Time Allowed: 3 Hours
Maximum Marks: 80
- The question paper is divided into four sections – Section A, Section B, Section C and Section D.
- The question paper has 26 questions in all.
- All question are Compulsory.
- Marks are indicated against each question.
- Questions from serial number 1 to 7 are Very Short Answer Type Questions. Each question carries 1 mark.
- Questions from serial number 8 to 18 are 3 marks questions. Answer to these questions should not exceed 80 words each.
- Questions from serial number 19 to 25 are 5 marks question should not exceed 100 words each.
- Questions number 26 is a map question of 5 marks two parts 26 (A) and 26 (B) – 26 (A) from History (2 marks) and 26 (B) from Geography (3 marks). After completion, attach the map inside your answer book.
Q.1. Interpret the concept of 'liberalisation' in the field of economic sphere during the nineteenth century in Europe. 
Interpret the contribution of French in the economic development of Mekong Delta Region.
- The ideology of liberalism is very broad and comprehensive and it became popular in the early 19th century.
- The term ‘liberalism’ is derived from the Latin word liber, meaning free.
- Economically, The ideology propagated natural right to Property and stood for the freedom of markets and the abolition of state-imposed restrictions on the movement of goods and capital.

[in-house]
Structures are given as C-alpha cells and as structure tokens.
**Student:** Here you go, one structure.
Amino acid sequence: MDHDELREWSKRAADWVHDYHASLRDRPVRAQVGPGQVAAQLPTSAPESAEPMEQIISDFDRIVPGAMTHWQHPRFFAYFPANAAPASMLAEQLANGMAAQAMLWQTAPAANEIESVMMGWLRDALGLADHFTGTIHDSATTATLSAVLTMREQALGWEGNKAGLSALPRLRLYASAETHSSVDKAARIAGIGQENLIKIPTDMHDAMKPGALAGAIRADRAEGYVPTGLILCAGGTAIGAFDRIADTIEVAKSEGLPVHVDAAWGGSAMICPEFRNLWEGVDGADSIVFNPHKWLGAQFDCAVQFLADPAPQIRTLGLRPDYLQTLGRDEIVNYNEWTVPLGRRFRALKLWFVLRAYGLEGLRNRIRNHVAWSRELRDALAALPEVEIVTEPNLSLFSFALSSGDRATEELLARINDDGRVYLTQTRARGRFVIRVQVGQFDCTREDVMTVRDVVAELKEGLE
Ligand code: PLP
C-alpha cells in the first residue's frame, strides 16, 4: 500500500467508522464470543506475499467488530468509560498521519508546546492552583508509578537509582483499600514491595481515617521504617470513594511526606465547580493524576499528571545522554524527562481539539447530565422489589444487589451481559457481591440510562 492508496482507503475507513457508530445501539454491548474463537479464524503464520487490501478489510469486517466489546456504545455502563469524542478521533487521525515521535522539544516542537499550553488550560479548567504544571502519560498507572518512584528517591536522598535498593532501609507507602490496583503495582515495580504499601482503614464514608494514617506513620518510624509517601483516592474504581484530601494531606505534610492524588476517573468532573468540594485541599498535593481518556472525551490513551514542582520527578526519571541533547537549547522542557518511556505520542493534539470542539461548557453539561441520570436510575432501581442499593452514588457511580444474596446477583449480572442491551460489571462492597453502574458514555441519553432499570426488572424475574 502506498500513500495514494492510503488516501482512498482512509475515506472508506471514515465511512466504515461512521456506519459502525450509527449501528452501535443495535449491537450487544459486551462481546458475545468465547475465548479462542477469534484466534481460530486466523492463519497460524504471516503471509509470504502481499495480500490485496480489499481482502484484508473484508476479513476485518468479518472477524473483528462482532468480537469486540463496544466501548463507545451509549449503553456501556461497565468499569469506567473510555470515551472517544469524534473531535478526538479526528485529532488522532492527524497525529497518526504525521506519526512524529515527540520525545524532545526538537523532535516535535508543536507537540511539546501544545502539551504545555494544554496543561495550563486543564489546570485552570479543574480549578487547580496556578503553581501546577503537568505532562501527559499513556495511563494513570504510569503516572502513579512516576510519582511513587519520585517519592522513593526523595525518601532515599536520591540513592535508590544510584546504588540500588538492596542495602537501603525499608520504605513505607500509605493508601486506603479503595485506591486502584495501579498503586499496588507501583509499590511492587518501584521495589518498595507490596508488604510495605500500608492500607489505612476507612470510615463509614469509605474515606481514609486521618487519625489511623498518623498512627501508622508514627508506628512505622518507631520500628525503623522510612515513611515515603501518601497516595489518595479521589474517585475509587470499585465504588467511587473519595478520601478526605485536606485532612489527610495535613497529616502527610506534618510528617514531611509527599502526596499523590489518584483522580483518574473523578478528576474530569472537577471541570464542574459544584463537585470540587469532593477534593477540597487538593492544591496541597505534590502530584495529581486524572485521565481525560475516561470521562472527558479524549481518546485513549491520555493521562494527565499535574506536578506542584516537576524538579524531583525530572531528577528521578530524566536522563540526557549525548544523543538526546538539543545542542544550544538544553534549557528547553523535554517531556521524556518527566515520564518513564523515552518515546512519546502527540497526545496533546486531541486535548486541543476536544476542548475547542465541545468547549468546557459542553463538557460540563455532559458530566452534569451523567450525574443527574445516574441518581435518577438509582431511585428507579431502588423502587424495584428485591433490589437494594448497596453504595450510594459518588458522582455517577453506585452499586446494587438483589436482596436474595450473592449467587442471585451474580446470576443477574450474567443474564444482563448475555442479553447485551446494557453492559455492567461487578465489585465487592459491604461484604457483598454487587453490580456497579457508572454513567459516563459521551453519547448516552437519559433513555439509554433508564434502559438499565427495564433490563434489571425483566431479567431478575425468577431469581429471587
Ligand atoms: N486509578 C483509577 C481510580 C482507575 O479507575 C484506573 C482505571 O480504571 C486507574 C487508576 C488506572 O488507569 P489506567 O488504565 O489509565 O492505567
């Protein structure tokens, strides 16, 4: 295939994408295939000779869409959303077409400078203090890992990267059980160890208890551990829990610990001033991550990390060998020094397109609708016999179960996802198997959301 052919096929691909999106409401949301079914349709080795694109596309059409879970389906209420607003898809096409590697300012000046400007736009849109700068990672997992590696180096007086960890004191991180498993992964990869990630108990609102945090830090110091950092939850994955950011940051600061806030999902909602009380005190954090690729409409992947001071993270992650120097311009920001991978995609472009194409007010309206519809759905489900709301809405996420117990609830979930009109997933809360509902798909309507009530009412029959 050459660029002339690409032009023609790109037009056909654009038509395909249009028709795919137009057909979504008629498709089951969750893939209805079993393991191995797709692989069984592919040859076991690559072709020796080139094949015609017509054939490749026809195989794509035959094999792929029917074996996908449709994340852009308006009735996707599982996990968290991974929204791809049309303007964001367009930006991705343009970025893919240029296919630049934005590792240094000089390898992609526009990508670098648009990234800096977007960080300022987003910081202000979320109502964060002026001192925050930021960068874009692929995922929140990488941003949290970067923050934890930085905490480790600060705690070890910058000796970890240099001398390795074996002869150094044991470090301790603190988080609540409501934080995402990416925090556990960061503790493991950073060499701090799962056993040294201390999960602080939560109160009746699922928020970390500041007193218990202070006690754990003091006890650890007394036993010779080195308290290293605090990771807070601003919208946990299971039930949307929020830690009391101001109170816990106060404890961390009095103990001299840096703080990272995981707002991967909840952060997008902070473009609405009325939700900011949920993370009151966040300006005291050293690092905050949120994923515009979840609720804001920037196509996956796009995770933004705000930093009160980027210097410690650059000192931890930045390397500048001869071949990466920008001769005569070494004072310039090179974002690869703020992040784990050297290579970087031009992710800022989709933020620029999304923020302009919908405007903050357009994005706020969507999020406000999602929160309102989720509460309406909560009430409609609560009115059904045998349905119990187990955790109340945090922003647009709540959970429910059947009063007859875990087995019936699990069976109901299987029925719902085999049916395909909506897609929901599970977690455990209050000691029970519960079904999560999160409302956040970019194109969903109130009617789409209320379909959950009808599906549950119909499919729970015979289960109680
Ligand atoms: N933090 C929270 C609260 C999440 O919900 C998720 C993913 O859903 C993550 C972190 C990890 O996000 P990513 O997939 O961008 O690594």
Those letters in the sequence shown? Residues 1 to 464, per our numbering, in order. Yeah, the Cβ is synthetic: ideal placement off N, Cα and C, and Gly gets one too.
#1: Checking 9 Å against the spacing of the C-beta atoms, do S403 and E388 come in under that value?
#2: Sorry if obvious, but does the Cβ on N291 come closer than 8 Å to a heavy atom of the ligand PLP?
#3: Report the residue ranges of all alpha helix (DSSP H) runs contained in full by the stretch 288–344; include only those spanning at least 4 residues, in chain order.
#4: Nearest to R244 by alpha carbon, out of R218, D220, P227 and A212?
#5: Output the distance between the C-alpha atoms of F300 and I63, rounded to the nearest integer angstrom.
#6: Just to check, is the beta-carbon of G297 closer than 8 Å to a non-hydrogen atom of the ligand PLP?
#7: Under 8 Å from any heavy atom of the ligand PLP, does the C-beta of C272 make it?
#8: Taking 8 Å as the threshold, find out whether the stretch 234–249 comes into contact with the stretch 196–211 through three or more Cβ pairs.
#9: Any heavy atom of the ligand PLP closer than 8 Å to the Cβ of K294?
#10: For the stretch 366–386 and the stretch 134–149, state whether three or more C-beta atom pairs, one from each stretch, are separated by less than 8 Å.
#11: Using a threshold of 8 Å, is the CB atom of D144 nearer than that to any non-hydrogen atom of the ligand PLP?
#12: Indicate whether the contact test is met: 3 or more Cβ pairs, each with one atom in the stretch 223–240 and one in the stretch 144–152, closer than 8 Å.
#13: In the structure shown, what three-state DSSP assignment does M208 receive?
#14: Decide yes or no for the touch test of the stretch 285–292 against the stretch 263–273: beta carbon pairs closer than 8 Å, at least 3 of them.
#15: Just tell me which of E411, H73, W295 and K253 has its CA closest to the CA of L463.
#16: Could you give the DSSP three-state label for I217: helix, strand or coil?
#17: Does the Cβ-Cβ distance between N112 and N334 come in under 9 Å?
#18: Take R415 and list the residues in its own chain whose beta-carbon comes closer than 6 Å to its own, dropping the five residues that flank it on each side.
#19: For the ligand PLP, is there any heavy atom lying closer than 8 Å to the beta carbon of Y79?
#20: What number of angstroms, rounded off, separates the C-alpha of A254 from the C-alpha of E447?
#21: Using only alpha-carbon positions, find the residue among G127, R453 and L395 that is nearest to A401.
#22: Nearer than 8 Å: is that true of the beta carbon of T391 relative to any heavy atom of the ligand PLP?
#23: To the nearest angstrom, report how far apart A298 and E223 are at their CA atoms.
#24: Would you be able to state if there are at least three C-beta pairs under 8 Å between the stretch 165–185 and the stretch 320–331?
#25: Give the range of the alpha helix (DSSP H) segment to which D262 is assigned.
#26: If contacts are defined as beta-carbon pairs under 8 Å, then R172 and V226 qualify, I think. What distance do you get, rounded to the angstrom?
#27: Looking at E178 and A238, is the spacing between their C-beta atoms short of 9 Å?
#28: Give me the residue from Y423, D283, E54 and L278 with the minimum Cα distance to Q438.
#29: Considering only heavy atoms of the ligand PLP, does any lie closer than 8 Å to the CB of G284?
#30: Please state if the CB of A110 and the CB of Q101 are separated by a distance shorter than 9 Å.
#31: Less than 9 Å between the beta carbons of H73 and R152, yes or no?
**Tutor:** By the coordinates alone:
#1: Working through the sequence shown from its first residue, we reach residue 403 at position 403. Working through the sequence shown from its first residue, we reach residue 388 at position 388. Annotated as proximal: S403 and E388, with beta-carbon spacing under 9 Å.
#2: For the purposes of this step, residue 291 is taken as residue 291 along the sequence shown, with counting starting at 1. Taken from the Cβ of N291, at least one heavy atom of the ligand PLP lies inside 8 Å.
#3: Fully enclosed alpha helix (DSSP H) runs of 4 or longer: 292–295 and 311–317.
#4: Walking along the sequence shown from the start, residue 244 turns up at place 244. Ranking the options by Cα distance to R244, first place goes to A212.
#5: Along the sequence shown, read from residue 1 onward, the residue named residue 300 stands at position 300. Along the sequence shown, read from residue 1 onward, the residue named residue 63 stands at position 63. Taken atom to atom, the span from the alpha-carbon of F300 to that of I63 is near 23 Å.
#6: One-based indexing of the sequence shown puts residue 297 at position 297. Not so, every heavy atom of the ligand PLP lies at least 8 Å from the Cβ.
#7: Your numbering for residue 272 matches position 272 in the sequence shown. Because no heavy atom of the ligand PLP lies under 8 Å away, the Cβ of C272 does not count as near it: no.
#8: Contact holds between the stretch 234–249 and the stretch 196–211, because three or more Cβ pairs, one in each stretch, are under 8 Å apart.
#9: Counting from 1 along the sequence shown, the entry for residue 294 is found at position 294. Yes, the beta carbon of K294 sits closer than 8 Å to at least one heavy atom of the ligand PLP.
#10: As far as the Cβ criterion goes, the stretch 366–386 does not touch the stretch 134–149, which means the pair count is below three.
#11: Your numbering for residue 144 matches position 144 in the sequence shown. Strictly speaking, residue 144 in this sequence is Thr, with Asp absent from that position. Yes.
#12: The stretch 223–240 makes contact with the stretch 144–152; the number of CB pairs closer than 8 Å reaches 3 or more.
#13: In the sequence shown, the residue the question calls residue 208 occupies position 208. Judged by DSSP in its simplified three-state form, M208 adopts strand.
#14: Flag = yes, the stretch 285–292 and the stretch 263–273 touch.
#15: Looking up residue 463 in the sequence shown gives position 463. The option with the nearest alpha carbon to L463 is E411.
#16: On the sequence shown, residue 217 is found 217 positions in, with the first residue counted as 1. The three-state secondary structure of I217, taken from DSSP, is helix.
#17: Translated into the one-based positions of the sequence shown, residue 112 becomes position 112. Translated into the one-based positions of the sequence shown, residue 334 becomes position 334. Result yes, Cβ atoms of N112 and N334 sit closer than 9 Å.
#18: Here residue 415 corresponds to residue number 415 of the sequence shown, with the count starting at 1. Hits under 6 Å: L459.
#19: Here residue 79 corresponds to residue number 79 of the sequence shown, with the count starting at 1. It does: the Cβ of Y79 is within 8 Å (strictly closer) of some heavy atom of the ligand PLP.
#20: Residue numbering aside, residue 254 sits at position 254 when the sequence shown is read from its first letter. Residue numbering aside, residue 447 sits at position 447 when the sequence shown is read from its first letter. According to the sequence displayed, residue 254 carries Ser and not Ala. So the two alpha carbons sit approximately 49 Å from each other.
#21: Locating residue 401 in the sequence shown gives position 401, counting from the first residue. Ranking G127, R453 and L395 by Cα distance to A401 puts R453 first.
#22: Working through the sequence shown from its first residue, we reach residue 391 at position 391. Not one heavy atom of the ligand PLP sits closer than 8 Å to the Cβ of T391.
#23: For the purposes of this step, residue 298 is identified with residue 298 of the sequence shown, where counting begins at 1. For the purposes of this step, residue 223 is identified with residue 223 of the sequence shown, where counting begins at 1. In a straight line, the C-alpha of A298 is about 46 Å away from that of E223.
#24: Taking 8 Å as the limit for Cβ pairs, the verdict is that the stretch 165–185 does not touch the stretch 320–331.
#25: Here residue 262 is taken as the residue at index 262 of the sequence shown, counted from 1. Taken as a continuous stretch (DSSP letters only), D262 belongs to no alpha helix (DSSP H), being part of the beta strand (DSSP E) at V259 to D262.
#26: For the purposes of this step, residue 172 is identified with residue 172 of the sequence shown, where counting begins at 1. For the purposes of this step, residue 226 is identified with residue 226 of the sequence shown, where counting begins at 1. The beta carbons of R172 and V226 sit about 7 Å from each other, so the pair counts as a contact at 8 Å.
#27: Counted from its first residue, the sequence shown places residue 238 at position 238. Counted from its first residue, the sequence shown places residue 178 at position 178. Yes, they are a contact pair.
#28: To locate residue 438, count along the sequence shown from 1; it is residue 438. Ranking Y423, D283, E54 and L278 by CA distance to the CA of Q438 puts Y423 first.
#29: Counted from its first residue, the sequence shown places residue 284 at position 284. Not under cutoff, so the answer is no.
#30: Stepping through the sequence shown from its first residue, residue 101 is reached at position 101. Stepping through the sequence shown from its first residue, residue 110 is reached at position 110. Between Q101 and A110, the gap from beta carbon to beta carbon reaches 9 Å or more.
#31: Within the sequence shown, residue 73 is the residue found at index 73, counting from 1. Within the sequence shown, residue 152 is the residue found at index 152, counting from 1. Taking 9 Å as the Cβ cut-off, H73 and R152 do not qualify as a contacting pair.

- The French built canals and drained lands in the Mekong delta to increase rice cultivation.
Mekong Delta Region
- Used forced labour for construction of irrigation facilities to improve rice cultivation, built infrastructure and transportation facilities for the export of agricultural produce.
- Infrastructure projects were undertaken to transport goods for trade, movement of military garrison, and establish control over the entire region.
Q.2. How had hand printing technology introduced in Japan? 
How had the translation process of novels into regional languages helped to spread their popularity?
- Print technology in Japan was started by the Buddhist missionaries from China around AD 768-770.
- The Buddhist Diamond Sutra was the oldest Japanese book printed in AD 868. It contained six sheets of texts and woodcut illustrations.
- Picture printing became popular in Japan.
- Pictures were printed on textiles, playing cards and paper money which made publishing very interesting.
- More and more books were published.
- Libraries and book stores were flooded with hand-printed books on women, flower arrangements, cooking, musical instruments, calculations, daily habits and proper etiquette etc.
- English novels translated into regional Indian languages were initially not very popular as the Indian people could not relate to the stories or characters in those novels.
- People wanted novels that narrated stories close to their own lives and set in their own geographic location.
- Novels became important piece of literary work that connected cultures, people with more and more novels began to be published, a new readership of novel came to be formed.
- With increase in literacy rate, more people were interested in reading and buying books.
- Later women, children, workers also became part of the reading culture.
Novels also created a sense of shared community, bringing understanding of different cultures, values.
- Many novels were written in the west that connected the urban people with the plight of rural communities.
Example: Hardy’s Mayor of Casterbridge focused on traditional rural communities and the impact of commercialization and mechanization on the farmers.